“We can’t have someone walking around wrongly thinking he’s a Jew, and his family and friends believing it,” he said. “I understand people’s need to be part of the Jewish collective in Israel, but there are rules, and if we don’t obey the rules we undermine halachah. Judaism is not being measured by feelings.”
Yael said she always felt like an Israeli Jew. Her family immigrated from Belarus when she was a baby, she explained in unaccented Hebrew, and she attended public schools, observed Jewish holidays and served in the army. She even grew up hearing her maternal grandmother’s story of Holocaust survival, she said. Then, she fell in love with a nice Israeli Jewish boy and last fall agreed to marry him.
Just ahead of the planned wedding date this summer, the Tel Aviv rabbinical court scuttled her plans. In ruling she was not Jewish, the court pointed to inconsistencies in her family’s paperwork.
Yael’s grandmother, who said her documents were lost during World War II, was listed as Jewish on the birth certificate of her daughter, Yael’s mother, but as Belarusian, or not Jewish, on the birth certificate of her son. Also, Yael’s mother was listed as Belarusian on her immigration paperwork and as not Jewish on Yael’s birth certificate.
Yael’s father is Jewish, but that is not relevant under Orthodox Jewish law.
Experts said the Chief Rabbinate began regularly checking the Jewishness of marriage applicants and others in response to the mass influx of immigrants from Ethiopia and the former Soviet Union, mostly in the 1980s and 1990s. Immigrants need only be related to a Jew to get Israeli citizenship, and several hundred thousand non-Jews are estimated to have arrived in those waves.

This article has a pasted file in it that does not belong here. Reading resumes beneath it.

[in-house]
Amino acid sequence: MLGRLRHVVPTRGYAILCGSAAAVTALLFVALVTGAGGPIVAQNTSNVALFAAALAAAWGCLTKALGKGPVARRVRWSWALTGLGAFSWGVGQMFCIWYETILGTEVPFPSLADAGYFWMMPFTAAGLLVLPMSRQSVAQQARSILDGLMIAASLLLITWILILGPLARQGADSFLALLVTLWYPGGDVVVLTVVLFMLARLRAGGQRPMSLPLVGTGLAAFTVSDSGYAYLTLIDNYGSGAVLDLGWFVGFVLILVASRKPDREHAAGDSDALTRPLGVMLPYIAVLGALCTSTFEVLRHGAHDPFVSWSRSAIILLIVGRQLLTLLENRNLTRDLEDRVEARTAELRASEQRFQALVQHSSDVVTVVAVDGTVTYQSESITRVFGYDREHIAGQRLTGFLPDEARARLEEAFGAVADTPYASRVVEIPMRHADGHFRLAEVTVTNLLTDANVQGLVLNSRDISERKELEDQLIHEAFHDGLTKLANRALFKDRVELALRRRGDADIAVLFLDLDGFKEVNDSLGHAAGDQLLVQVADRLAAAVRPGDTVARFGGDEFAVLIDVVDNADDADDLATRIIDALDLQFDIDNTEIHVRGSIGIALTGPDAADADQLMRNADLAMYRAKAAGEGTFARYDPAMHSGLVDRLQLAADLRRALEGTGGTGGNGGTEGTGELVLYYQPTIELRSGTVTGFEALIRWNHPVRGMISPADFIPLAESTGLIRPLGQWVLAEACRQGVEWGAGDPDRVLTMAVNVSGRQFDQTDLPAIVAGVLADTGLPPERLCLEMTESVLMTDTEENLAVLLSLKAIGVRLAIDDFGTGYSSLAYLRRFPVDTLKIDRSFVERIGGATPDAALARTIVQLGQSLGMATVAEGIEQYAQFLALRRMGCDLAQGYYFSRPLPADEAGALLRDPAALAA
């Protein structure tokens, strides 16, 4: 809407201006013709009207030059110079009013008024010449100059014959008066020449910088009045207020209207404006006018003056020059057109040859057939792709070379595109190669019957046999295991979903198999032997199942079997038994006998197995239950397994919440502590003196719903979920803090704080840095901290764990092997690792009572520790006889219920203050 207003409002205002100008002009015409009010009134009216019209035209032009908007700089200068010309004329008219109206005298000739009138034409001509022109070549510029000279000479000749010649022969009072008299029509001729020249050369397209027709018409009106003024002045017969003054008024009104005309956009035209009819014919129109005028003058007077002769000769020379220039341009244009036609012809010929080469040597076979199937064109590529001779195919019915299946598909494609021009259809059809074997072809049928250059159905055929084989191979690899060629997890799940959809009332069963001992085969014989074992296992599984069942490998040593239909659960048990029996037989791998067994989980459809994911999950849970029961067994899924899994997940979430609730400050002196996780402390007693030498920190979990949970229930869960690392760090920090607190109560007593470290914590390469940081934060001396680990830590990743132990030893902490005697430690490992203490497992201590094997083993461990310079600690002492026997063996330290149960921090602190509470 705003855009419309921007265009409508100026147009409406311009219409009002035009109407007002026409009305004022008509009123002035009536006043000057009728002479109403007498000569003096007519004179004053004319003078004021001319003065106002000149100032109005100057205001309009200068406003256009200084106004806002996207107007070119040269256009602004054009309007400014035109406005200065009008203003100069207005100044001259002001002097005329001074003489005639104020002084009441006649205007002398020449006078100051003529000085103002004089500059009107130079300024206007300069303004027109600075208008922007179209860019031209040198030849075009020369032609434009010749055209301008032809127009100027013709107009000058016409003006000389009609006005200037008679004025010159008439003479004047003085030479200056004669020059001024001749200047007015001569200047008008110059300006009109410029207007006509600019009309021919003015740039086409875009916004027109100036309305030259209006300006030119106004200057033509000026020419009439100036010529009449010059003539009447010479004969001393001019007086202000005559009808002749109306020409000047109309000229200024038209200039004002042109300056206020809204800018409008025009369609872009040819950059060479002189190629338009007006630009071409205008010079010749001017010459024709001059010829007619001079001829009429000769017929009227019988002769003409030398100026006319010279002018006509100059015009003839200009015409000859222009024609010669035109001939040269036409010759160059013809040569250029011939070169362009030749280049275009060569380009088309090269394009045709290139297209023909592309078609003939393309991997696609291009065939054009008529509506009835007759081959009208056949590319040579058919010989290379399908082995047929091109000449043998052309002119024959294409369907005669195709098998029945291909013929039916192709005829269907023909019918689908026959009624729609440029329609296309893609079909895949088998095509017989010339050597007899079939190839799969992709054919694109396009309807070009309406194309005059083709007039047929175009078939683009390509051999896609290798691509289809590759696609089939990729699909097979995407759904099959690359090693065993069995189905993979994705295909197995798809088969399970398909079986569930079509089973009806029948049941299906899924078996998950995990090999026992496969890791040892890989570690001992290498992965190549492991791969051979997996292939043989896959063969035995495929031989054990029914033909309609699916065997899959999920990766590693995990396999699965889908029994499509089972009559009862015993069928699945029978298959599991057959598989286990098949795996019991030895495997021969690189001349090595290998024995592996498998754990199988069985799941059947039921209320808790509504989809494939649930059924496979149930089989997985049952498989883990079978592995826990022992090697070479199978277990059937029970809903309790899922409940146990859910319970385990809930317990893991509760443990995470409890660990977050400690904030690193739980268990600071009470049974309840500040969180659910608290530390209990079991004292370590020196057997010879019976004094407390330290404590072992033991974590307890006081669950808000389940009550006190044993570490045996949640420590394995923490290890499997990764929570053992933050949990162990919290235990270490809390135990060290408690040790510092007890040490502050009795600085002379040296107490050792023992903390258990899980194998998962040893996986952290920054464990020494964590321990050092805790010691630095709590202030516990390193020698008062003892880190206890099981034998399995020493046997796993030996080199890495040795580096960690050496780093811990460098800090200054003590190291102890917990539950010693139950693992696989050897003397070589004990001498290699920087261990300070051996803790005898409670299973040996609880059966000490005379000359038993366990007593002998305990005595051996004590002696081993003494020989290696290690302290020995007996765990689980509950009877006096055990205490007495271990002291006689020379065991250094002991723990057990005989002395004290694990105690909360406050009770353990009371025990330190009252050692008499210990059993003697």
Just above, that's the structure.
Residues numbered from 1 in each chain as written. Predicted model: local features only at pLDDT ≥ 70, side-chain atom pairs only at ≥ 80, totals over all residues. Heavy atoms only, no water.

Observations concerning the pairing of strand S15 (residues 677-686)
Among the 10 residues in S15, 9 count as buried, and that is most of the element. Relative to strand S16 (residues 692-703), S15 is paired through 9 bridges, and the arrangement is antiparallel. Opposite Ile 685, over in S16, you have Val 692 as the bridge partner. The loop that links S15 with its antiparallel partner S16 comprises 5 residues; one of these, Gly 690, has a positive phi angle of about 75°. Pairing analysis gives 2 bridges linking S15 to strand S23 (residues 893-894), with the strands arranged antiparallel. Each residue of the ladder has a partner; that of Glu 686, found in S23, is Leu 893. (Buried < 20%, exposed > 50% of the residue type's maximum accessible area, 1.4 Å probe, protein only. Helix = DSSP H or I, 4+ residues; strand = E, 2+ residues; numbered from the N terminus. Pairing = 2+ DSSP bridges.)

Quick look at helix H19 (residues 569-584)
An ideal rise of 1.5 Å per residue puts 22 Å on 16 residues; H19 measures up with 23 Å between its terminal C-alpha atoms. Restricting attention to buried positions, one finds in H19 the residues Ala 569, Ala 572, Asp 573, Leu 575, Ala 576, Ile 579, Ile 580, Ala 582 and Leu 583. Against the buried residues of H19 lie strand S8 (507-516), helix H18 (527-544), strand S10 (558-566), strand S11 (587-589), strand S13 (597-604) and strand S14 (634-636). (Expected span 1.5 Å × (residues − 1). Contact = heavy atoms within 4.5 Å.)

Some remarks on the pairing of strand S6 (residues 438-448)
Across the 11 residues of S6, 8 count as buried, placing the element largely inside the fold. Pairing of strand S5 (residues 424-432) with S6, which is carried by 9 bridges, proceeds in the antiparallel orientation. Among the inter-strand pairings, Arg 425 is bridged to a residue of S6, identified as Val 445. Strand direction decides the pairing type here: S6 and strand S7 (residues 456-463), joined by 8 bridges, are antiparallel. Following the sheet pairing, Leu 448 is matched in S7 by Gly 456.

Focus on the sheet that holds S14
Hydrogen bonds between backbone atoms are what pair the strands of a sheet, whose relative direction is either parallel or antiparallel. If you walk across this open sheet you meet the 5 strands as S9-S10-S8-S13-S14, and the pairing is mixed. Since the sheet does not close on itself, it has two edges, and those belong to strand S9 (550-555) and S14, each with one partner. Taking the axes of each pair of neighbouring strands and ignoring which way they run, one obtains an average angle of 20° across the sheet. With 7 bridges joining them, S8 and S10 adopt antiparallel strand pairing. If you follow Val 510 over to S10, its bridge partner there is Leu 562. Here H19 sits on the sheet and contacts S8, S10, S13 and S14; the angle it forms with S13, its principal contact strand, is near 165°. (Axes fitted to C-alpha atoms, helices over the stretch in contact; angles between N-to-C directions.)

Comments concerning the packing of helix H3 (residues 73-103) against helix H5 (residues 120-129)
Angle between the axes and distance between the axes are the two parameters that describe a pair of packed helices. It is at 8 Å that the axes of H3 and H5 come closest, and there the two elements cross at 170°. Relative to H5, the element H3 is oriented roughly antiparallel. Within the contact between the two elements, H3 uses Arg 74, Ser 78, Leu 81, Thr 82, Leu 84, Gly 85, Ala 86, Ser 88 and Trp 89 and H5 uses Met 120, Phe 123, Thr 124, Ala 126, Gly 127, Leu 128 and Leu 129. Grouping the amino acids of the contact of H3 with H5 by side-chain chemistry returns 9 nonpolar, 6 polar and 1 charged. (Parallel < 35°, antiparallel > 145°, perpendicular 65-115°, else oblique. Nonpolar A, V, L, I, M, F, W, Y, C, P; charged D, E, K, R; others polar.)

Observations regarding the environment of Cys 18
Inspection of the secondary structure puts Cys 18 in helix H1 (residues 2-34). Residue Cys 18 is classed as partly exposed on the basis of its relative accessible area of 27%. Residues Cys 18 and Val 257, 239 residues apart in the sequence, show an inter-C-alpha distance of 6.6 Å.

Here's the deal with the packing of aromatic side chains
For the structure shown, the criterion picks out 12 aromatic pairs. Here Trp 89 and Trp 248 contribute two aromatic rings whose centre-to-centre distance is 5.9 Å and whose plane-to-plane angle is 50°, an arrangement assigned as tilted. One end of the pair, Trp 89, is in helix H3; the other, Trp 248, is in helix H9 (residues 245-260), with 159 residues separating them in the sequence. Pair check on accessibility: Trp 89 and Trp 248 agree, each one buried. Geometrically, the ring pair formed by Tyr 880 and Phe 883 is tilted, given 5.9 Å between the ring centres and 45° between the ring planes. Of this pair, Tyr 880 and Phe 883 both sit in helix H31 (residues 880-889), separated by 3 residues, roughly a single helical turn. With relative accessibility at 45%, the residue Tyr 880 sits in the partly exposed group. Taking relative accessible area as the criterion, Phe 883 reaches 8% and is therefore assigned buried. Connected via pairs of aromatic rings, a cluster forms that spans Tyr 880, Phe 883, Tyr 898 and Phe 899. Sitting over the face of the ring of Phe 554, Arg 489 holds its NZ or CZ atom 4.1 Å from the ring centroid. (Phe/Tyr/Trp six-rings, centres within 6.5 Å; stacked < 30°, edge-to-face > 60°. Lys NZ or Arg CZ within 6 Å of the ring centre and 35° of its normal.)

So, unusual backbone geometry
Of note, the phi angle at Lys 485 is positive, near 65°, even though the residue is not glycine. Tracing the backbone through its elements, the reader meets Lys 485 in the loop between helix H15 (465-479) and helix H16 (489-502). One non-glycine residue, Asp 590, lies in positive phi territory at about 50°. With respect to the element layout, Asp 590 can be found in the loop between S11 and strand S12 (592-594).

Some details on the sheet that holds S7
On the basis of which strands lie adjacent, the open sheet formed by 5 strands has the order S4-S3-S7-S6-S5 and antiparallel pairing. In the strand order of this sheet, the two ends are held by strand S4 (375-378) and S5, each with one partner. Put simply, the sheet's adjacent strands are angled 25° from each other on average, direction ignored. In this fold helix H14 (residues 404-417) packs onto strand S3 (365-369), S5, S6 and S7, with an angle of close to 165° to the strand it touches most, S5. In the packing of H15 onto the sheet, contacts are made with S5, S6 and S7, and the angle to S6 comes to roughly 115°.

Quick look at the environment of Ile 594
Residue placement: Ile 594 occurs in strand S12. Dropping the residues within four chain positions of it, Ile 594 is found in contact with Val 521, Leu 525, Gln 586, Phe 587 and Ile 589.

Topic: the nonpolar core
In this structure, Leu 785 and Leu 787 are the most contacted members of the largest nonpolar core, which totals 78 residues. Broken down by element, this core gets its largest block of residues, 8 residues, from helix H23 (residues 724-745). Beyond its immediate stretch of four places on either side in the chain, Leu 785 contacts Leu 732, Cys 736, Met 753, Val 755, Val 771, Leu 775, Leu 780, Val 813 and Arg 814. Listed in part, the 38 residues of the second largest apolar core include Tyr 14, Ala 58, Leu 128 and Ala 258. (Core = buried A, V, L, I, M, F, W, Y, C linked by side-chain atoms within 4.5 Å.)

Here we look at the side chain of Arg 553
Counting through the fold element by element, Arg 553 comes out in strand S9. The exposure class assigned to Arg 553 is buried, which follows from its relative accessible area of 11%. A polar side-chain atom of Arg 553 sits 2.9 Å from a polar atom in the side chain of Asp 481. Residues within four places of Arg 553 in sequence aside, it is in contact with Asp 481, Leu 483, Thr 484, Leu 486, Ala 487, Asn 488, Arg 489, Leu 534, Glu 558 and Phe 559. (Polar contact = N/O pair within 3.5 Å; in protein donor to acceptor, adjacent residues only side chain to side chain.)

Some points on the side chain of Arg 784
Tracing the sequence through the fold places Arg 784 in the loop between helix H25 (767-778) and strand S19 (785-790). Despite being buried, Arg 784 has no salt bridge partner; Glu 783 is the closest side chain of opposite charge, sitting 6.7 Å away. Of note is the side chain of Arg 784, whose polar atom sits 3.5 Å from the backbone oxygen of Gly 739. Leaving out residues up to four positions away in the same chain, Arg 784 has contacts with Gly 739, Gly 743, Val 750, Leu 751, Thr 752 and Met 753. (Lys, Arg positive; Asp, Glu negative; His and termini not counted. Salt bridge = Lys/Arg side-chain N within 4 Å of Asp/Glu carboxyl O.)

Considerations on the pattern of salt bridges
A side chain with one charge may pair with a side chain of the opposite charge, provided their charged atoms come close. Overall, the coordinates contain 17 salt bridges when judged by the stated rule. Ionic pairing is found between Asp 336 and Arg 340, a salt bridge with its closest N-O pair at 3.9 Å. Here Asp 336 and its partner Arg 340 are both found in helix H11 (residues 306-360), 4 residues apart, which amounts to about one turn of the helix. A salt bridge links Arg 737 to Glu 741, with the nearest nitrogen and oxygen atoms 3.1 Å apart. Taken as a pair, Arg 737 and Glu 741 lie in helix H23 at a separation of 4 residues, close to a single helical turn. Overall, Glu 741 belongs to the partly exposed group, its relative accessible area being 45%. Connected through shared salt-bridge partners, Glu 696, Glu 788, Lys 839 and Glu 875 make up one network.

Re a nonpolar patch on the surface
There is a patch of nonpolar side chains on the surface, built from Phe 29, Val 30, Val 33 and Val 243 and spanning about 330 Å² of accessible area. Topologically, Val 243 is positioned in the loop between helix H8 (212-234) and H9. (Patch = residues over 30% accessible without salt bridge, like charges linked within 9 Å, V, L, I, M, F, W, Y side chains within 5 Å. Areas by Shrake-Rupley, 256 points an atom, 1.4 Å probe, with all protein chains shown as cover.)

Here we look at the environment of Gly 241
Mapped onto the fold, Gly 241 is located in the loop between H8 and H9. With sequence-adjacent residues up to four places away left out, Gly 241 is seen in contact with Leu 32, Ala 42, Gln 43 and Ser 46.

Over the decades, the experts said, the Chief Rabbinate’s worry about intermarriage has only grown. The checks became official policy in 2002.
“The closer the rabbis look” into immigrants’ backgrounds, “the more nervous they get, which makes them look even closer,” said Shuki Friedman, the head of religion and state research at the Israel Democracy Institute.
But Friedman said that most non-Jewish immigrants do not identify as Jews, and so need not concern the Chief Rabbinate. Further, if the goal is to prevent assimilation, he said, the rabbinical courts’ aggressive vetting of marriage applicants and their family members is counterproductive, since it “pushes people away from Judaism.”
Rabbi David Stav, a leading religious Zionist rabbi, agreed, and said the practice is in no way required by Jewish law.
“If the court found out there was an attempt to hide something or cheat the rabbis, I can understand they have to check [the person’s Jewishness] again,” he said. “Halachically speaking, though, there is no need to check anything about someone’s story unless he gives you a good reason to be suspicious.”
Stav’s rabbinical group, Tzohar, works to help non-Orthodox Israelis access the Chief Rabbinate’s services. But when Yael came to Tzohar for help before she was investigated last year, she was disappointed. Roots — the group’s program for helping immigrants from the former Soviet Union research their Jewish heritage — failed to prove she was Jewish and reported its findings to the Chief Rabbinate.
After the rabbinical court ruled against her, Yael went her own way. She had a private modern Orthodox conversion and married her fiance in a wedding ceremony that was not sanctioned by the Chief Rabbinate, and thus against Israeli law. Still, Yael said she held out hope that the state would recognize her, and her marriage, as Jewish before the weddings of any future children.